Knowing the Heikin-Ashi technique secrets, you can determine both the current bullish or bearish trend and its starting and ending points. If there is a minimal shadow (or no shadow at all)with a steady rise or fall in prices, it’s an important sign.
This signal indicates the trend’s strength and that it will continue in the near future. So, with a steady bearish movement, you can see a drop in the upper shadow, and with a stable bullish – in the lower shadow.
The bar’s open level is an indirect sign of a stable movement in a certain direction. In this case, it is in the middle of the previous bar. The third piece of evidence supporting the price direction is the candles’ color. If such Heikin-Ashi candlestick charts mostly show rising bars (green candles in the online terminal), the trend is bullish. If there are falling bars (red candles), it’s bearish.
An indirect indication of the trend’s strength is the ratio of the bar sizes. If each new candle’s body is larger than the previous one, the trend’s strength increases. If the bars are progressively getting smaller, especially together with increasing shadows, expect the movement in the current price direction to end soon.
The image above shows a trend. Note that almost all bars have small lower wicks. It also meets another condition – the forming bars predominantly have the same color. When the trend’s strength increases, candlestick bodies become larger, and before and during short-term corrections, they become smaller.
In trend trading, most traders enter the market after a series of identical bars. For example, three Heiken-Ashi candles of the same color and direction can be the conditions for opening a position.
Additional indicators can be used as another way of determining the right time to enter the market. Most of them work well both for Heiken-Ashi and a traditional candlestick chart. For example, during a reverse, the touch or crossover of the Bollinger Band can be used as a signal. I’ve covered this in more detail in the article “Forex Bollinger Bands Indicator.”
Regardless of the method, it’s important to remember that bars are calculated with a formula. Therefore, their bodies and extremums don’t reflect real price values. Now, let’s take a look at the Heikin-Ashi data formula!
Heikin-Ashi Formula – Heiken-Ashi Candle Calculation
To draw the HA-bar, the indicator needs to define four candlestick parameters:
Here are the Heikin-Ashi data calculation formulas:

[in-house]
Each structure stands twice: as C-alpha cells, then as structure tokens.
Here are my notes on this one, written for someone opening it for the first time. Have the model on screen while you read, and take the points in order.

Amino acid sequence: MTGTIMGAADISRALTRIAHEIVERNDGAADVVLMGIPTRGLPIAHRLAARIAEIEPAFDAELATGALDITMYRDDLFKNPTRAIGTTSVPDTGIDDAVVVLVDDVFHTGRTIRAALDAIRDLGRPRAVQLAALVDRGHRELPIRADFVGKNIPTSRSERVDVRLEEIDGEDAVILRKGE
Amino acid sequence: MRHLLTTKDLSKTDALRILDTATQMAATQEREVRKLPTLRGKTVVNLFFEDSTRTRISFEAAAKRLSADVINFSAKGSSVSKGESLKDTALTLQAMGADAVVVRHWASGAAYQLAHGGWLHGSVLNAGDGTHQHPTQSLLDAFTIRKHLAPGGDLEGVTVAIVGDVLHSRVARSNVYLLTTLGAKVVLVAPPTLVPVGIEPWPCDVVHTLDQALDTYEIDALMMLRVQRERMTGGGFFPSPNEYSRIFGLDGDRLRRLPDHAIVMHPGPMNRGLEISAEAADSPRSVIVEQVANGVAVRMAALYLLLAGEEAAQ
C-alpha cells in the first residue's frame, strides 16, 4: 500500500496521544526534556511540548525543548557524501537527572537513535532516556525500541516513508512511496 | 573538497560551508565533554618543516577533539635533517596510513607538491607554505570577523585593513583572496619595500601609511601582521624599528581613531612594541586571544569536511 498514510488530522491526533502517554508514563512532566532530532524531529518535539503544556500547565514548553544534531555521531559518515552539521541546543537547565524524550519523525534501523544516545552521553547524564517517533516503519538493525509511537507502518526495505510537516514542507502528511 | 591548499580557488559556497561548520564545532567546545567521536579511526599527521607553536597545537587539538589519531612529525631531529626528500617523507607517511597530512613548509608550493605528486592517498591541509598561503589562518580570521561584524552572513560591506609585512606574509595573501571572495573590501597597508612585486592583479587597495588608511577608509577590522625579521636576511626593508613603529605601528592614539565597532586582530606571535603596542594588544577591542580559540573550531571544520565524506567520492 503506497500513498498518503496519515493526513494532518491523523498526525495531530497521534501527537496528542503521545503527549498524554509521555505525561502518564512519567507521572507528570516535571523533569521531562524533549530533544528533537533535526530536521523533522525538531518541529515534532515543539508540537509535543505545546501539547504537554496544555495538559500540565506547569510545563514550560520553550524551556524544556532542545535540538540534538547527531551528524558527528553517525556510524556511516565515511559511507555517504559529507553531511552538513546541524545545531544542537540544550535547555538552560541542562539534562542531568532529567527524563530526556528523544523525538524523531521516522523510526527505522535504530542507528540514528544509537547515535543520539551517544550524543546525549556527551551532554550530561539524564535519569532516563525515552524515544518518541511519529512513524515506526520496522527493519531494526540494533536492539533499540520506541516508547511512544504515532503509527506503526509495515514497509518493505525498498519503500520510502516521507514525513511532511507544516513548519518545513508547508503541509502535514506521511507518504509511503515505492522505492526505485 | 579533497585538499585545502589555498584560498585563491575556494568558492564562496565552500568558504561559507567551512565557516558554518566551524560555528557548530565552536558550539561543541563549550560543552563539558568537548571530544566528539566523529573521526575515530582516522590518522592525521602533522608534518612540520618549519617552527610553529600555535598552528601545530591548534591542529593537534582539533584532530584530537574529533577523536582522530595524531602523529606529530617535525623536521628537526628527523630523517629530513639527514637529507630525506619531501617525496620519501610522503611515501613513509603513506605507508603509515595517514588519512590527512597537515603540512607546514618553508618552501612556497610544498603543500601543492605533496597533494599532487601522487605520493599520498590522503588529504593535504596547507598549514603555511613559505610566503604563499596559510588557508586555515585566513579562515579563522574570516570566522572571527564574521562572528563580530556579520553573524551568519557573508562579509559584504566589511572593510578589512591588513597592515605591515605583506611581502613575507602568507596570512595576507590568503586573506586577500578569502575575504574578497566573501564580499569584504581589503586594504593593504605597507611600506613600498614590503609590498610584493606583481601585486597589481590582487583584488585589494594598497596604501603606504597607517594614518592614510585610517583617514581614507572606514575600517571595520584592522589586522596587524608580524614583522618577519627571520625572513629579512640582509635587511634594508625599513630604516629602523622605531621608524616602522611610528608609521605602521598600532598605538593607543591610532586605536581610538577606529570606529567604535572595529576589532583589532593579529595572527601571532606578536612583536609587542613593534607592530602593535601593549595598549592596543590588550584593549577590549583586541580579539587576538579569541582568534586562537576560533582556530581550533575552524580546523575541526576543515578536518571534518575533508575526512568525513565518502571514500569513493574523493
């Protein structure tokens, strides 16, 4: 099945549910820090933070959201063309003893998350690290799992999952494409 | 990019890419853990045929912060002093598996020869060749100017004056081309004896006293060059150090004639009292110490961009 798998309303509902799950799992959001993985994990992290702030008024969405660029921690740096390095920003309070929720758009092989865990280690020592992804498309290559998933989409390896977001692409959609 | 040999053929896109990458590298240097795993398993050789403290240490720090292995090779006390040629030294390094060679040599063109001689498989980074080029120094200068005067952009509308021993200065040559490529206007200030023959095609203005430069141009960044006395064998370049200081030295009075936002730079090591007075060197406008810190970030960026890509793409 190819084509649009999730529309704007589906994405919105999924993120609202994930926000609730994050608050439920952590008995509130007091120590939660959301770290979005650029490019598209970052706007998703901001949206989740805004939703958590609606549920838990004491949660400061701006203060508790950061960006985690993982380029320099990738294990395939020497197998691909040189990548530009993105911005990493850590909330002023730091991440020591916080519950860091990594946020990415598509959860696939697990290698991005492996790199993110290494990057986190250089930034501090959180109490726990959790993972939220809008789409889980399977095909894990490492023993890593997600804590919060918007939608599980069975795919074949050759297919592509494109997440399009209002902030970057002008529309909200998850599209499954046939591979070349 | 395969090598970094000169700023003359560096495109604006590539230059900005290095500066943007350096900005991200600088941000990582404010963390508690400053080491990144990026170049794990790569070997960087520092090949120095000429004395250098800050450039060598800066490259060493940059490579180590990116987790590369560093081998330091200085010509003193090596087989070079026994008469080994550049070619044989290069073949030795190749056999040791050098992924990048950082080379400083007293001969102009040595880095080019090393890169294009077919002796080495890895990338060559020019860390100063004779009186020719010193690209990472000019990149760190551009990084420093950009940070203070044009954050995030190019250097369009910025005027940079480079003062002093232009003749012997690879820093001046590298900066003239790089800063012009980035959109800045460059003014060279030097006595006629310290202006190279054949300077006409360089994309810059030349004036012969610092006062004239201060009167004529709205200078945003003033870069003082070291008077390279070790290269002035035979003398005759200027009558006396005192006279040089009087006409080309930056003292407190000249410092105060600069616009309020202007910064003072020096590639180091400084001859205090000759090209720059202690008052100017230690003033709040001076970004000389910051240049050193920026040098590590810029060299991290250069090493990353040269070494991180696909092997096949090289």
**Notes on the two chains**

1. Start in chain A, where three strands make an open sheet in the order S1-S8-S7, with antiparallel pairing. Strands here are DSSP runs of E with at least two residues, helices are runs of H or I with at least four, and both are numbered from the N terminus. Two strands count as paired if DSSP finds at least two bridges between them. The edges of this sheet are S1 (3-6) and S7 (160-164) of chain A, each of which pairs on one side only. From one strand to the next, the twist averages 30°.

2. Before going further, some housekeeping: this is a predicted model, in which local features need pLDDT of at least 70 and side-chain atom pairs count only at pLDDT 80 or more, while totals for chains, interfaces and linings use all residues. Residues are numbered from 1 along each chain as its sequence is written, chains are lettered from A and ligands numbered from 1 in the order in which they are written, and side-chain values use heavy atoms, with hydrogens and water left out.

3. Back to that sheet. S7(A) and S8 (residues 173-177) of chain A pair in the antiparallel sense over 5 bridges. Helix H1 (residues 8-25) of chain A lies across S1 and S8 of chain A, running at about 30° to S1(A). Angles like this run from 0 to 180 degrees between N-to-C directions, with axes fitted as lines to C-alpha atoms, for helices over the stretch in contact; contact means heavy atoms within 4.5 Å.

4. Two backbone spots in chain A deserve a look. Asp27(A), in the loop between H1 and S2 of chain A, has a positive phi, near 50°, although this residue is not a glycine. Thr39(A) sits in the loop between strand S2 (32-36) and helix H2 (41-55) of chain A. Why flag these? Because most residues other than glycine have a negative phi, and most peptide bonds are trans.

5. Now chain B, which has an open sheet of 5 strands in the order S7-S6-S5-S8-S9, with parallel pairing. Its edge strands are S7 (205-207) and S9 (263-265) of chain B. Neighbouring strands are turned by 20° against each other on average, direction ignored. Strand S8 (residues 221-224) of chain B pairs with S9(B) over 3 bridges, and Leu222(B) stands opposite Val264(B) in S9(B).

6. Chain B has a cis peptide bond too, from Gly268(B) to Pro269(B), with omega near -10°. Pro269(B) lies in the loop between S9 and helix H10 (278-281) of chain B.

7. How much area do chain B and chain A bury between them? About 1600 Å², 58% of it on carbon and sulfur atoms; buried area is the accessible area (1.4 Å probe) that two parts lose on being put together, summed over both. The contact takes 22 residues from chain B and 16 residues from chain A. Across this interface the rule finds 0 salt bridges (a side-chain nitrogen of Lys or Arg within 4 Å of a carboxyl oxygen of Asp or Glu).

The HA-Open for the first candlestick is a regular bar’s opening price. For the second candlestick,
HA-Open = (HA-Open (-1) + HA-Close (-1)) / 2,
where “-1” is the values of the previous bar.
HA-Close = (Open (0) + High (0) + Low (0) + Close (0)) / 4.
Here, “0” denotes the current bar, and if there’s no “HA” prefix, the calculation is based on its actual values.
HA-High = Maximum of the High (0), HA-Open (0) or HA-Close (0)
HA-Low = Minimum of the HA Low (0), HA-Open (0) or HA-Close (0)
The picture above shows where to take the values of bullish and bearish bars. Remember that for bullish Heikin Ashi candlesticks, the max is at the top and the min is at the bottom, while for bearish Heikin Ashi candlesticks, it’s the other way around. So, reading depends on the price’s direction.
How to Calculate Heikin-Ashi in Excel
For a full understanding, I prepared an Excel calculator that you can download here.
After clicking on the link, click on the arrow-shaped icon in the upper right corner.
The design of the calculator is very simple – the purple cells on the left side of the table need to be filled in with:
The date (you can just specify the order number);
The opening and closing levels, and high and Heikin Ashi low levels of the Japanese candlestick.
Important! Delete the existing values before entering your own.
The blue cells show where the values are automatically calculated when you fill in the purple cells, so you don’t need to enter anything.
On the right, you will see the updated Heikin-Ashi candlestick chart, similar to the one drawn in the LiteFinance terminal.
Heiken-Ashi Candles Models
When trading Heiken-Ashi, candlestick patterns are often used to determine the right time to enter the market. In this article, I’ll describe the most popular patterns with the most accurate Heiken-Ashi signals:
The image above shows all the listed Heiken-Ashi patterns, and you can use it as a cheat sheet. Black candles are the same as red candles while empty candles stand for green candles.
Now let’s take a closer look at each pattern.
This forms when the opening and closing prices are almost the same. At this moment, bulls and bears are equally strong, showing uncertainty in the market. Therefore, when Doji appears at the top of an uptrend, prepare to open a short position, and at the bottom of a bearish trend, open a long trade. To maximize reliability, combine Doji with an oscillator, such as Stochastic.
On the EURJPY Heikin Ashi chart, Doji candlesticks are marked with a blue oval. Note that the body is very small and looks like a narrow strip.
The Harami Cross (or, simply, the Cross) belongs to powerful reverse patterns. It helps determine a trend’s end and the beginning of a new one. This pattern consists of two candlesticks. The first has a fairly large body, and the second is small, similar to Doji. At the same time, the second bar shouldn’t exceed the first one.